OS Ministry of Transport Road Map
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|Ministry of Transport Road Map|
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The Ministry of Transport Road Map (colloqually known as MoT Maps) series were the official maps to show classified roads, following their publication by the Ministry of Transport on 1st April, 1923. As such, they are possibly the most important resource documenting the early days of road numbering in Great Britain.
The equivalent mapping in Northern Ireland was the Road Map of Northern Ireland.
The maps were conceptually similar to earlier half-inch maps (and indeed, carried the same map numbers) in that they were reduced from the One Inch Third Edition series, with a specific overlay - in this case 'A' roads in red, and 'B' roads in green, though later maps varied these colours. They were perhaps unique in that they displayed as many classified roads as were practical, including short links in towns that subsequent maps would often miss as unnecessary (which, to be fair, to the typical motorist they generally were).
A different series was issued for England and Wales, and for Scotland as the base mapping used different projections. Additionally, a set of six two-inch maps were created for the London area (extending as far as Berkhamstead, Brentwood, Guildford and Sevenoaks). Despite it being allocated a sheet number that matched the equivalent Half-Inch sheet (England and Wales sheet 4) and being shown on sheet index maps, the Isle of Man was never issued as an MoT Map.
While the London maps and a large number of Scotland maps were never officially reissued, the England and Wales maps were reissued annually following the reviewing of road classification and budgets on 1st April (England and Wales) or 16th May (Scotland), up to the 1930-31 editions, although most maps were not revised every year. Indeed, the map with the most revisions, Sheet 12 (Liverpool, Manchester and Chester) only has five different editions in the life of the entire MoT map series.
With the exception of a single map issued for the 1931-32 edition (England Sheet 1), the maps were then withdrawn due in part to poor sales.
The MoT Maps saw a final hurrah in 1936-37 when fourteen of the England and Wales sheets were released following the 1935 Road numbering revision, though by that time the official map to show road numbering was the Ten-Mile Road Map of Great Britain. By 1936, road numbers were appearing on Quarter Inch maps, and would soon make an appearance on the New Popular Edition maps. However, it was not until the 1950s that the Seventh Series maps provided regular one inch coverage of road numbers for the whole of Great Britain.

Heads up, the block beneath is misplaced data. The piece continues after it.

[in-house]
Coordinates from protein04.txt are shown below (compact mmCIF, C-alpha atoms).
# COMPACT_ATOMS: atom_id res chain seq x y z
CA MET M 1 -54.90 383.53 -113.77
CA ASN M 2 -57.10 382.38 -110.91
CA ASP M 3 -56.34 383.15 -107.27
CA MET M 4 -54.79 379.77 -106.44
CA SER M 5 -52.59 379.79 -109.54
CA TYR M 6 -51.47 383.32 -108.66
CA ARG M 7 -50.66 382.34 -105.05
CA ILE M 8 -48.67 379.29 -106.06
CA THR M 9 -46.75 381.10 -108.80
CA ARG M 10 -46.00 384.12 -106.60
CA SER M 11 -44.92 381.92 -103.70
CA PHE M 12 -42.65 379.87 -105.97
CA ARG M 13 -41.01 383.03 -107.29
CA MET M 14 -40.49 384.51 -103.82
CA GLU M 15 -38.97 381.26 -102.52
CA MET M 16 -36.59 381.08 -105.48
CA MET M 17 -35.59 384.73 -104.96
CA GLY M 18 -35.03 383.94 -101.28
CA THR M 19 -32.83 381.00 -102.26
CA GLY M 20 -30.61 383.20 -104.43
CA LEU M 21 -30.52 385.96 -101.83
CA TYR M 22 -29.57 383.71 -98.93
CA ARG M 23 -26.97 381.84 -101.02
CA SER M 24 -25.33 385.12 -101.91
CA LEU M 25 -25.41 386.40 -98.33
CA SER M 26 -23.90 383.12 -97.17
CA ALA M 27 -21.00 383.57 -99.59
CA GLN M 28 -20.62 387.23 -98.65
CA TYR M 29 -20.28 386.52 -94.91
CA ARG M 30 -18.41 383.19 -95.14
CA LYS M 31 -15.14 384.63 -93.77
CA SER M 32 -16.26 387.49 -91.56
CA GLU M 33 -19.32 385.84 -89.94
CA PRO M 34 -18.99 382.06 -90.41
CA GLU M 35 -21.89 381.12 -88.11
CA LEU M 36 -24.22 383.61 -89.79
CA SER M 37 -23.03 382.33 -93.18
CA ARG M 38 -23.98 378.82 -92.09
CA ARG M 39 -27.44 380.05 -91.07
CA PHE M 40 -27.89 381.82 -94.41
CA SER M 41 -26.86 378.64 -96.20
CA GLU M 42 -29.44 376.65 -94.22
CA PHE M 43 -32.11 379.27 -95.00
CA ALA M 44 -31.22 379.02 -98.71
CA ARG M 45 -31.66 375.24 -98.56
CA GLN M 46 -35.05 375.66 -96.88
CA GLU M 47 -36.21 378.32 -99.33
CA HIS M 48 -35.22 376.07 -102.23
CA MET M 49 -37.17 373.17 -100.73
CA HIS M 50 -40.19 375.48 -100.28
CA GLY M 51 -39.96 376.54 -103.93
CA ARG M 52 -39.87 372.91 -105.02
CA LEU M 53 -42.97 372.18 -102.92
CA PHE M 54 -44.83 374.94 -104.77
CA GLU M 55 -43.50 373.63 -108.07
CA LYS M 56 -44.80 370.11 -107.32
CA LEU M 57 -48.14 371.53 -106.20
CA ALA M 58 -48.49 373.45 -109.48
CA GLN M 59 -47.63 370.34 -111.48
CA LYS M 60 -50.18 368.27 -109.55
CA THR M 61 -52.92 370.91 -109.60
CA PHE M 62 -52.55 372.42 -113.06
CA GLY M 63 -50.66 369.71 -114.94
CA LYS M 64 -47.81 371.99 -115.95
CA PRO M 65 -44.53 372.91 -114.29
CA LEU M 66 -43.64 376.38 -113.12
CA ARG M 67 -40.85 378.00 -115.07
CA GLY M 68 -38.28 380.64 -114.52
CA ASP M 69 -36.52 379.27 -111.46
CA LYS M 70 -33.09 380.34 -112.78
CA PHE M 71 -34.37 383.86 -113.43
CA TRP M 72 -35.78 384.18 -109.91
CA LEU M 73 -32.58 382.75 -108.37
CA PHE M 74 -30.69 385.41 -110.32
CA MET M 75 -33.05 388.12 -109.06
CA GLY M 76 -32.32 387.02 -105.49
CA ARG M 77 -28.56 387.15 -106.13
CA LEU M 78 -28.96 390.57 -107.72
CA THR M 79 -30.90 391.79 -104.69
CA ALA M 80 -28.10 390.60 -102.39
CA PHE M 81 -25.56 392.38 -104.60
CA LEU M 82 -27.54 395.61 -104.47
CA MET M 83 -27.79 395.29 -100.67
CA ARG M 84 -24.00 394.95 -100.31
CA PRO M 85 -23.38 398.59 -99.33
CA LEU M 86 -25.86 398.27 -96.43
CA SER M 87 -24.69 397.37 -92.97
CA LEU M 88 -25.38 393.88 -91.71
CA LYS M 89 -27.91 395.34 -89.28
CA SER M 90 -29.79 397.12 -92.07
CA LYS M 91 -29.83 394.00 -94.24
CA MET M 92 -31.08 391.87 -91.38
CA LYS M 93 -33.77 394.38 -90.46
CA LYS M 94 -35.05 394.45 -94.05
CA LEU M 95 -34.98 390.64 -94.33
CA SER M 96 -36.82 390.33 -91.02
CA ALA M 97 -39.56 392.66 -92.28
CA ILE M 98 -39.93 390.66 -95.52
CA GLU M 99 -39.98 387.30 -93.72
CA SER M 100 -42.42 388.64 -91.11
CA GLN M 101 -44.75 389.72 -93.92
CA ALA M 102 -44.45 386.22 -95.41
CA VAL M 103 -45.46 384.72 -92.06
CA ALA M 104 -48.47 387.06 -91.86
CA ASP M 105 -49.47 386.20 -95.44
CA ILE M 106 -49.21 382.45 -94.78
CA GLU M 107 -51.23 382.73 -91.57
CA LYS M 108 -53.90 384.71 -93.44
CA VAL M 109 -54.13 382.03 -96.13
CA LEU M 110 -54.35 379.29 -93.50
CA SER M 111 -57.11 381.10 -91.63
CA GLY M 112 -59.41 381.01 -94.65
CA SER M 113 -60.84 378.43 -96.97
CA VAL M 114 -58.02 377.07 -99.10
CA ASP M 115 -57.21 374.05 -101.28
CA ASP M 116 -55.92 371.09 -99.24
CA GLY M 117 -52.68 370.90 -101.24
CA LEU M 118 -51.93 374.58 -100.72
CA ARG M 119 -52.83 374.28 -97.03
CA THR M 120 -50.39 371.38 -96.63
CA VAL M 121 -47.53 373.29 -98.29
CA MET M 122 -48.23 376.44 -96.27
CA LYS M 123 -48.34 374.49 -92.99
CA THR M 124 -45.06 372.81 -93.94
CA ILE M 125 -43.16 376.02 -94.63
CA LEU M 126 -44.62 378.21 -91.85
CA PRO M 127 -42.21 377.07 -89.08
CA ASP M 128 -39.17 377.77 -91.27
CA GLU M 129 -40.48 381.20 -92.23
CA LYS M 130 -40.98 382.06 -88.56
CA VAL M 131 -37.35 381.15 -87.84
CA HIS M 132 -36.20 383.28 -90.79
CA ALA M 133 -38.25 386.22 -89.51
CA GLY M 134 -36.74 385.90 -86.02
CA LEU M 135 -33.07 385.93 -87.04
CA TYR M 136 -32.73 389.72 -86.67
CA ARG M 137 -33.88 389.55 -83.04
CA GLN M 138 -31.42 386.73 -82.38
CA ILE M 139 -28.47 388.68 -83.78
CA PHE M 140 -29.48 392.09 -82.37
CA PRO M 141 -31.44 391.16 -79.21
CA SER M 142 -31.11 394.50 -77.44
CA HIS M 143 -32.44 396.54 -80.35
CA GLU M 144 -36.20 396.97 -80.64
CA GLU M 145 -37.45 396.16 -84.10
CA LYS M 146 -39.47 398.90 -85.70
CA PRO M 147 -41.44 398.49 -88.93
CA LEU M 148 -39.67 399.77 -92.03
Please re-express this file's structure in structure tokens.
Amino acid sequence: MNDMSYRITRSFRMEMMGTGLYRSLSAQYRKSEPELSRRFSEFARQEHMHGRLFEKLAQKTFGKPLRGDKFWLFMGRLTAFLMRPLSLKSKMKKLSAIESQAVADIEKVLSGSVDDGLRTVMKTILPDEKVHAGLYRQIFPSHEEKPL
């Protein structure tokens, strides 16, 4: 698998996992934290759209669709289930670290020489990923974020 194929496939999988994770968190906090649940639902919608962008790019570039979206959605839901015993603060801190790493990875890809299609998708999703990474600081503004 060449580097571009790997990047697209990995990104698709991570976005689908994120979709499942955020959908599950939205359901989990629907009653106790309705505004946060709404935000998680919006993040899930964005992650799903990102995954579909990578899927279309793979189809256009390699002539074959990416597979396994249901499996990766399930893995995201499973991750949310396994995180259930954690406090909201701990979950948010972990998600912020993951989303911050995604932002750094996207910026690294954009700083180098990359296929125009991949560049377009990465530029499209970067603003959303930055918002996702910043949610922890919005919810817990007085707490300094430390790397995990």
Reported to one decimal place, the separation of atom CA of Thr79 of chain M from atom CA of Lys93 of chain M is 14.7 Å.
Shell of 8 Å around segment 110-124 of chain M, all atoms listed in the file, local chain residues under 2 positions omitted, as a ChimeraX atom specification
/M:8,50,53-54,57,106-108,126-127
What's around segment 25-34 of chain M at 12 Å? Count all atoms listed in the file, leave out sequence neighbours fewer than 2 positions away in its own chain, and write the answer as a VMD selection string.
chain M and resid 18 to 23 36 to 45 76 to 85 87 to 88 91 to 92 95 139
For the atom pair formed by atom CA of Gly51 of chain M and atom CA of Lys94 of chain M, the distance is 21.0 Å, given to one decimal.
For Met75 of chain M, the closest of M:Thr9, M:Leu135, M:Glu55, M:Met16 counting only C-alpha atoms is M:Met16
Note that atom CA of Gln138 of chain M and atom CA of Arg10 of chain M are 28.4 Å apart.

MoT maps were produced in various different styles. In common with mapping from the time, they were produced in folded sheets printed on cloth or paper, whilst there were also "dissected" editions, where the folds were separated to a fabric backing, meaning that the folds were stronger than those on ordinary sheets. The dissected editions contained 18 separate panels.
In addition, there were Library editions that were dissected, but at a larger plan area containing eight sections.
Special collections were also available - a boxed edition containing the full set of original 1922-23 editions for England and Wales exists, whilst later, smaller collections containing six maps were also available. These special collections, in addition to the maps, also contained an Index and Reference Book to accompany the maps.
The covers were black-on-orange and showed a drawing of a typical roadside scene (here where the then A31 - now the A3090 met the B3043 near Hursley in Hampshire). Inside the inner flap were descriptions of various traffic signs.
The Library Editions were in a plain buff cover with the sheet number printed on the outside, but with no other identifying marks beyond the sheet number.
SABRE Maps coverage
Main Article: MoT Map sheet listing